Believability. I get it that it’s fiction—sometimes, we have to strain believability a bit. But when someone writes about something I KNOW won’t happen (for legal or sensible) reasons, I lose faith in the story. Or if there is another plausible solution to the scenario that is glaringly obvious and would’ve solved the problem on page 50 instead of page 250…I’m done.

What are some of your favourite CF reads from around 10 years ago, or further back?

Stephen Lawhead’s Search for Fierra, Kathy Tyers’s Firebird, Ted Dekker’s Circle series, Jerry Jenkins’ Jennifer Grey series, and yes, I confess, the early Left Behind series.

Snack/drink of choice while reading?

A skinny vanilla latte—and usually only in a double-insulated tumbler. I rarely eat while enjoying a book because I don’t want to get the book dirty!

What book cover has really caught your eye?

I love Mary Weber’s Storm Siren, Thomas Locke’s Emissary, and Don Brown’s upcoming Code 13 covers. I bought Cassandra Clare’s Clockwork Angel, Victoria Aveyard’s Red Queen and Sabaa Tahir’s An Ember in the Ashes—all because of the covers (which lured me into reading the back-cover copy).

Which author makes it easy to turn off your internal editor?

I’m learning more and more to turn off that editor. It’s too easy to get snobby as an author. I’m working to remember how to simply be a reader. For me, James Rollins, Joel Rosenberg, Brandon Sanderson, Mary Weber, and Robert Jordan make it most easy for me to turn off that editor.

What book do you wish you had written? Why?

I honestly cannot remember which one it was, but one of Joel Rosenberg’s early books with character David Shirazi made me wish I’d written it because he had so many cool and relevant events in that story. I’ve been a loyal reader ever since.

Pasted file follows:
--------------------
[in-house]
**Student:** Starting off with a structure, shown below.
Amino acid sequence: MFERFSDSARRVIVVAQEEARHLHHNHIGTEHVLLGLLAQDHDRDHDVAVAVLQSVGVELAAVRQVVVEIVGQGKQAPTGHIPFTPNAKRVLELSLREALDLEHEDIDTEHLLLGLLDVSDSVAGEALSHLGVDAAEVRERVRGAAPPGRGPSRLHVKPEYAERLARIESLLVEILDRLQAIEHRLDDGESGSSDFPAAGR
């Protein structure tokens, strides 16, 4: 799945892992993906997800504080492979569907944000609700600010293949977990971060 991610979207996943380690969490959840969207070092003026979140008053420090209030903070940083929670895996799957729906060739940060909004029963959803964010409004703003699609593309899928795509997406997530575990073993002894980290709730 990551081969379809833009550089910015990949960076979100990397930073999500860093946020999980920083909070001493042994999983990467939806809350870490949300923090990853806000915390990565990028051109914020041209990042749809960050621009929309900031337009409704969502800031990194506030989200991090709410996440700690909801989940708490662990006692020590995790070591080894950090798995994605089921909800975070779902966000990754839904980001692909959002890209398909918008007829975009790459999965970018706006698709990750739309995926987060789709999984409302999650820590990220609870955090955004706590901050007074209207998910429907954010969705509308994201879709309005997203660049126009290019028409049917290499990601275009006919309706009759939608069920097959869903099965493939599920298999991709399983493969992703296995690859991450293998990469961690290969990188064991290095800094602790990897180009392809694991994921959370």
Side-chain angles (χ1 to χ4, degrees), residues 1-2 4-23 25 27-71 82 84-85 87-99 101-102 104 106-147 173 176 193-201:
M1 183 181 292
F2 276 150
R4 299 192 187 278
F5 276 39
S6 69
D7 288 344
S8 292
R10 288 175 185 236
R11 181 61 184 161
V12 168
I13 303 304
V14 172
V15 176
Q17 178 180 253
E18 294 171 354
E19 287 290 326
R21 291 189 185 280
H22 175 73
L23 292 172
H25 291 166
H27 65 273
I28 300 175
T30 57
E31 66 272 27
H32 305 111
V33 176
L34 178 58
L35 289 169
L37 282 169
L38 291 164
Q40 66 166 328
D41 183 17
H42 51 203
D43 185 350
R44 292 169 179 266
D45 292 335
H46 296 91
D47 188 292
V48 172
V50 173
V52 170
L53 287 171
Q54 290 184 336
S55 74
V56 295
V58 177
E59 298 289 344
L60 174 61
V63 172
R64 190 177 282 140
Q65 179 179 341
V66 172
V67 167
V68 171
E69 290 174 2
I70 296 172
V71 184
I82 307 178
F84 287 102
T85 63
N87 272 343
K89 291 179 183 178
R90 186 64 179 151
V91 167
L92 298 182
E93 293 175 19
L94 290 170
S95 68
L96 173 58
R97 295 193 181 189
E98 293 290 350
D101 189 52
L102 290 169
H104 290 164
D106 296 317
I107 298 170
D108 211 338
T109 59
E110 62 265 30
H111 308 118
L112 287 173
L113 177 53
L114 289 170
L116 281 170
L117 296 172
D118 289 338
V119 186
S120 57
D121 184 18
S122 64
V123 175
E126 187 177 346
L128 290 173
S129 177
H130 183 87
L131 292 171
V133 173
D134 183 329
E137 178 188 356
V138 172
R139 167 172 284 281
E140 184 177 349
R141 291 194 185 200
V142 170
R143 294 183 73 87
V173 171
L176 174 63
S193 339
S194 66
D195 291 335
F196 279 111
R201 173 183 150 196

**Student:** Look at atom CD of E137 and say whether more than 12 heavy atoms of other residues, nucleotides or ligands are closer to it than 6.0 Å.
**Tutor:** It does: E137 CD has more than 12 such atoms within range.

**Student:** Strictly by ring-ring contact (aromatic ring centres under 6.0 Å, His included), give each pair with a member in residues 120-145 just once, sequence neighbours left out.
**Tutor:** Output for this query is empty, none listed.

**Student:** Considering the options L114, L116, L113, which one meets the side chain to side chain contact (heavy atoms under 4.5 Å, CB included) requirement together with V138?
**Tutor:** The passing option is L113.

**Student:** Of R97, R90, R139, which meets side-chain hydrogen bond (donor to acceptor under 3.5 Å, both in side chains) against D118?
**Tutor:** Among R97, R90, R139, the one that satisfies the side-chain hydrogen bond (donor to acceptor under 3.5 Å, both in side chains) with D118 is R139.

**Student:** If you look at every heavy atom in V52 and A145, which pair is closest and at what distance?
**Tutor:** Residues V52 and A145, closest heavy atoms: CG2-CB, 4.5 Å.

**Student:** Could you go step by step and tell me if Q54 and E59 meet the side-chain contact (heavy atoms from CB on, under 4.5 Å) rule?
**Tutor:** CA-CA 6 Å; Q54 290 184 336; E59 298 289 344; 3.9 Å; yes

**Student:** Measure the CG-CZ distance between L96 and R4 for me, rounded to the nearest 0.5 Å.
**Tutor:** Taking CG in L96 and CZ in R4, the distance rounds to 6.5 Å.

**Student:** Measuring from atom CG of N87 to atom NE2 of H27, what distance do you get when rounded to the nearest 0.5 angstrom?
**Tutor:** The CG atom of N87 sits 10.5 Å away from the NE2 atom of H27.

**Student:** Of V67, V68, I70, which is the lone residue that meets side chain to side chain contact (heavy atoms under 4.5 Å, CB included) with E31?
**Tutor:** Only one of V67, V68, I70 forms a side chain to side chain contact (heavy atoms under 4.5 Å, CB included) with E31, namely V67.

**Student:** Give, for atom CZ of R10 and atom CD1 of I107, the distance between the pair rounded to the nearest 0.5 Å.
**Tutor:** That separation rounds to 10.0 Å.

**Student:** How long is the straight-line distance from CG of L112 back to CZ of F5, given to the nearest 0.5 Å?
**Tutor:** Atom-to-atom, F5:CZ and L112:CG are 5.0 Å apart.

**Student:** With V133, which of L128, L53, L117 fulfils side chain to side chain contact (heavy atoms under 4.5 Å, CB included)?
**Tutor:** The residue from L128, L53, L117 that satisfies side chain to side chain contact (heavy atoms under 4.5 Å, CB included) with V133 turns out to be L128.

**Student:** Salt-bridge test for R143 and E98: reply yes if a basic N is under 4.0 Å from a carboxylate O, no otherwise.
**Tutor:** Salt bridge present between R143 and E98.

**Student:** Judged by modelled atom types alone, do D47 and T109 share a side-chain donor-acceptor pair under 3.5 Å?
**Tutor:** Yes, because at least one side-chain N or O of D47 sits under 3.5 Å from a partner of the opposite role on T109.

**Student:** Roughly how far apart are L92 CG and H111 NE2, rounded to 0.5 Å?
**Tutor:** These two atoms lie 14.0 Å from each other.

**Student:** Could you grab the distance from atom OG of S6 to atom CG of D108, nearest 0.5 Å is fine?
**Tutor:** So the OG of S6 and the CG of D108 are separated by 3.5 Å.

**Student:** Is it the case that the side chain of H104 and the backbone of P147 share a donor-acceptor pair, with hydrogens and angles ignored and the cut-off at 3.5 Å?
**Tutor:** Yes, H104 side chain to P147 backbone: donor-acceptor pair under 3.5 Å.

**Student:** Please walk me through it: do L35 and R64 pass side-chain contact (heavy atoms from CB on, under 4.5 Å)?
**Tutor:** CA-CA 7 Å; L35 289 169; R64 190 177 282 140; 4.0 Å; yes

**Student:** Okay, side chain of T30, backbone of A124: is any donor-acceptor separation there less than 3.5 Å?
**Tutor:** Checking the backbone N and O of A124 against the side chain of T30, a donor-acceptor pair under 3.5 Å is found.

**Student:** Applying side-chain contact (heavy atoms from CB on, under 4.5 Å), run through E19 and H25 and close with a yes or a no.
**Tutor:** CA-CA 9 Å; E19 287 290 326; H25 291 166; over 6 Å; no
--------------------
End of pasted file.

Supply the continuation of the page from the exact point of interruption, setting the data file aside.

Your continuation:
Don’t miss Ronie’s latest novel ~ the beginning of an epic fantasy!


He’s coming for them. And the kingdom.

Haegan and Kaelyria Celahar are royal heirs of the Nine Kingdoms, but Haegan is physically crippled. What chance does he have against Poired Dyrth, the greatest enemy the kingdom has ever faced, who wields fire with a power none can match?

Their only hope is forbidden: Kaelyria must transfer her fire-harnessing abilities to Haegan. When she does it comes with a terrible price: Haegan’s disability is healed, but only by being transferred to Kaelyria. This decision causes their father, the King, to unleash his wrath against Haegan.

Haegan must flee the kingdom alone with two impossible tasks: Find a cure for Kaelyria and stop the coming war with the omnipotent Poired Dyrth.


Relz Reviewz Extras
Endorsements of EmbersRaptor 6Hawk and Falcon
All things Kendig @ Relz Reviewz
Visit Ronie’s website and blog
Buy at Amazon: Embers

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8 Responses to The Reading Habits of Ronie Kendig

  1. Hey Rel and Ronie! So fun learning about your reading habits.

  2. Thanks so much, Rel, for having me over!! So appreciate all your hard work on behalf of authors!!

  3. I always enjoy learning more about a favorite author. Thanks for a great interview, Rel & Ronie!

  4. Two of my favorites! Loved hearing your reading habits Ronie :)!